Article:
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List of R. L. Myuller’s Scientific Papers

  • Rudol’f L. Myuller
Chapter

Abstract

In the following list the papers have been grouped in sections corresponding to the main independent directions of R. L. Myuller’s scientific work. In each section, the papers have, as far as possible, been arranged chronologically. Articles which are closely related textuallyare placed under the same number but with a distinguishing index (Editor’s note).

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References

Ionic Conduction in Glasses

  1. 1.
    S. A. Shchukarev and R. L. Myuller, “A study of the electrical conductivity of glasses in the system B2O3-Na2O,” Zh. Fiz. Khim., 1:625 (1930).Google Scholar
  2. 1a.
    S. A. Shchukarev (Schtschukarew) and R. L. Myuller (Müller), “Untersuchung der elektrischen Leitfähigkeit von Gläsern,” Z. Phys. Chem., A150(5/6):439 (1930).Google Scholar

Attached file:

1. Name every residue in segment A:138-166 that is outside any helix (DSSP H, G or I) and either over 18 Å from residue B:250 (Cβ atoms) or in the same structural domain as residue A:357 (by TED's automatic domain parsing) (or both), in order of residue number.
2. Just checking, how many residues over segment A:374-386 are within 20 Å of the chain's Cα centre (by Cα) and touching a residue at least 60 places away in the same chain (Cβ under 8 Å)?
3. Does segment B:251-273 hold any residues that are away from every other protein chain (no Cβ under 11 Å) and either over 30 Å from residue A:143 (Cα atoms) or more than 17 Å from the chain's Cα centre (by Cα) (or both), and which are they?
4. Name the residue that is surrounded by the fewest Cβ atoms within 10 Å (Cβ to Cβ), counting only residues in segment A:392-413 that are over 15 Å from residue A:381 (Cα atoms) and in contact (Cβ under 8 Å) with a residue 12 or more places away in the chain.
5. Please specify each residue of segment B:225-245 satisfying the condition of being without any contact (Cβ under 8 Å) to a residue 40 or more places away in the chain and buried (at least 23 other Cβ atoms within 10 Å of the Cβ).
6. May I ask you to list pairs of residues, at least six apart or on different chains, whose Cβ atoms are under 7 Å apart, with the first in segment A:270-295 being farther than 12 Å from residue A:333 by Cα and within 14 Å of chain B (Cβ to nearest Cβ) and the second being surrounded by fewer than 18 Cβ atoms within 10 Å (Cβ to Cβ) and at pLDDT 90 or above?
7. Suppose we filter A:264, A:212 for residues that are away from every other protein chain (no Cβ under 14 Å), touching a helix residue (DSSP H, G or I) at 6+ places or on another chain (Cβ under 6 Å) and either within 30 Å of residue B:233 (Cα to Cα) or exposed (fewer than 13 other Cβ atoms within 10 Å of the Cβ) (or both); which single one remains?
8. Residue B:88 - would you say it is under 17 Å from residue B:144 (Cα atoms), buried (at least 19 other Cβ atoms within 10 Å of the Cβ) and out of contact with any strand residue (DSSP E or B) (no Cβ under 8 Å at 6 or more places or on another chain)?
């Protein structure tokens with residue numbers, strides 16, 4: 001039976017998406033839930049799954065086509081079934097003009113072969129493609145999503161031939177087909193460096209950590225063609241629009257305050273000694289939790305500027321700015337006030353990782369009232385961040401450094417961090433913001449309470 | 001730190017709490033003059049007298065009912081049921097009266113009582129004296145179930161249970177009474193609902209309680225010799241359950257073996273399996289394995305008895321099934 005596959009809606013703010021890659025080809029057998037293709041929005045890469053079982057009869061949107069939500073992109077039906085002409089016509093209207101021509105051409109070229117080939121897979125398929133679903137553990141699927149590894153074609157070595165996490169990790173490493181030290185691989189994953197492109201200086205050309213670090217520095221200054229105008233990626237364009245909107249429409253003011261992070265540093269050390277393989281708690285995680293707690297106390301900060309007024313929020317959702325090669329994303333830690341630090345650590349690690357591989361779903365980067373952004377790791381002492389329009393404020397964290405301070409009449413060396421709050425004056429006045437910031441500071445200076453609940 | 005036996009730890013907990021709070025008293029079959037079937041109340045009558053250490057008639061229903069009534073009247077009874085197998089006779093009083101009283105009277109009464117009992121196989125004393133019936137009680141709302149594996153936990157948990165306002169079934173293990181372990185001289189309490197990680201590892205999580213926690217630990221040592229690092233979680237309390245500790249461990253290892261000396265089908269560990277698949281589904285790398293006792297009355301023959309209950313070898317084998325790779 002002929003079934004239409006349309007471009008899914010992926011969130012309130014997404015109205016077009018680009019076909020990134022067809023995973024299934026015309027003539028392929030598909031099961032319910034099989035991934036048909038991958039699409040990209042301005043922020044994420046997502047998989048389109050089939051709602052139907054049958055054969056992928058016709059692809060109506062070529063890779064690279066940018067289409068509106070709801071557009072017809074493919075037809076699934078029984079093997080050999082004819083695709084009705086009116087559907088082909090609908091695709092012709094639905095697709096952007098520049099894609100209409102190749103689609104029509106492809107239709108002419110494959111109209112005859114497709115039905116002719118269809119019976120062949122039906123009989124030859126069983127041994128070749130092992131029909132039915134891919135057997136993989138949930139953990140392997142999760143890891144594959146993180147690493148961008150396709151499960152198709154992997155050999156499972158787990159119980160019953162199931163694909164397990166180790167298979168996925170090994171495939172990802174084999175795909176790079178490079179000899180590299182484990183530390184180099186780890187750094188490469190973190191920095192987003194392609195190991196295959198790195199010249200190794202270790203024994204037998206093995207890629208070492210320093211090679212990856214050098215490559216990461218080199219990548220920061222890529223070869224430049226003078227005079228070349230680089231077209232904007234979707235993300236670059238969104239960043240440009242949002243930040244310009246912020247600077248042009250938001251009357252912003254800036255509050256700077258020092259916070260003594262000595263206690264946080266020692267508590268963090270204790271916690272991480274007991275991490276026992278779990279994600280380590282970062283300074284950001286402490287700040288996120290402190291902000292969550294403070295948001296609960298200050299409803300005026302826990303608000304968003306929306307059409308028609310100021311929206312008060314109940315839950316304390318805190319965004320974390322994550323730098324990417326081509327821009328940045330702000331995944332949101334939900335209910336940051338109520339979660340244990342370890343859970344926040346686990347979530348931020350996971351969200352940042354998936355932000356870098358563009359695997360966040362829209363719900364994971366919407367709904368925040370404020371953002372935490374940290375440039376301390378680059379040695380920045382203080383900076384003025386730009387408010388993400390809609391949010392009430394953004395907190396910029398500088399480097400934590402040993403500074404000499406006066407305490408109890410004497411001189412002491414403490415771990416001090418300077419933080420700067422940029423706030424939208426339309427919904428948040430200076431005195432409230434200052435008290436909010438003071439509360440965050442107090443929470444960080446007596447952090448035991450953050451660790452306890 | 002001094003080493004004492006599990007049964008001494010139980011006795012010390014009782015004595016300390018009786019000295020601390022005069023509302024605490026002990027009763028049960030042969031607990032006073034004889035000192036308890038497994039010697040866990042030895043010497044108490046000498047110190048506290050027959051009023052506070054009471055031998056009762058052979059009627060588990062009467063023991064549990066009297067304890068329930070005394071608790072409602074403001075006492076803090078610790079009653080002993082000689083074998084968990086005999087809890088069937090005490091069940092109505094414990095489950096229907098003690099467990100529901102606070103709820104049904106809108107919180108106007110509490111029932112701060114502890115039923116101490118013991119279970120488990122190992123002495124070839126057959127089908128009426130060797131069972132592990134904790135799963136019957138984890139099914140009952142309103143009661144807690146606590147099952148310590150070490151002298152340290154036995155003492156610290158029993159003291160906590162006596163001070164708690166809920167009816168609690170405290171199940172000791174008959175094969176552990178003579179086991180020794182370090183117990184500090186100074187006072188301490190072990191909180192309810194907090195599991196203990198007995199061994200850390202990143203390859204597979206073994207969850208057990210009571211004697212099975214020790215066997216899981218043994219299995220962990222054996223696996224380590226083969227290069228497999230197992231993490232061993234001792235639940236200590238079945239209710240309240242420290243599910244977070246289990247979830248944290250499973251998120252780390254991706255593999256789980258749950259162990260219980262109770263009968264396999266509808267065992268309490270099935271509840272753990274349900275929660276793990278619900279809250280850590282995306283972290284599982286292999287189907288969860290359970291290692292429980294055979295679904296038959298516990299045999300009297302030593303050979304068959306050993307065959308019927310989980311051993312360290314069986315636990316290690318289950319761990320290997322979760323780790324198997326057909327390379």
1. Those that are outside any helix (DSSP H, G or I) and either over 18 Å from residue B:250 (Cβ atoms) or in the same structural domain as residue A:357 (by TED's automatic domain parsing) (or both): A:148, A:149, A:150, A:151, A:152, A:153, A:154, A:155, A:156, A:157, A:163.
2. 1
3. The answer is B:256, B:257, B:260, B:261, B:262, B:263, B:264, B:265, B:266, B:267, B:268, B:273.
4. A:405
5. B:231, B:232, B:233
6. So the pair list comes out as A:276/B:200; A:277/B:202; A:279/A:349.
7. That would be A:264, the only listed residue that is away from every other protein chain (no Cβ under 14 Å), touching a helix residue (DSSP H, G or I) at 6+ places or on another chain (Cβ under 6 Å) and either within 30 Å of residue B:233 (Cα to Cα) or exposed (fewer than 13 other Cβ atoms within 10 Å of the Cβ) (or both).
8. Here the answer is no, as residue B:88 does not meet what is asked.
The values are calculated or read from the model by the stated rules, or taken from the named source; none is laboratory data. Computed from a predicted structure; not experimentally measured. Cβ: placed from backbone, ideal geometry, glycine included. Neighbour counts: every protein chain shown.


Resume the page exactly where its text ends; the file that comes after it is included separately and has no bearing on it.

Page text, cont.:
3. 1b.
    S. A. Shchukarev and R. L. Myuller, “The specific conductivity of borate glasses” (Abstract, Report of the Russian Phys. Chem. Soc), Zh. Russk. Fiz.-Khim. Obshchestva Chast’ Khim., 62(1):230 (1930).Google Scholar
  4. 2.
    R. L. Myuller (Müller), Das Wesen der Ionenleitfähigkeit von Gläsern,” Phys. Z. Sowjetunion, 1(3):407 (1932).Google Scholar
  5. 3.
    R. L. Myuller (Müller), “Nature of the ionic conductivity of glass,” Nature, 129(3257): 507 (1932).Google Scholar
  6. 4.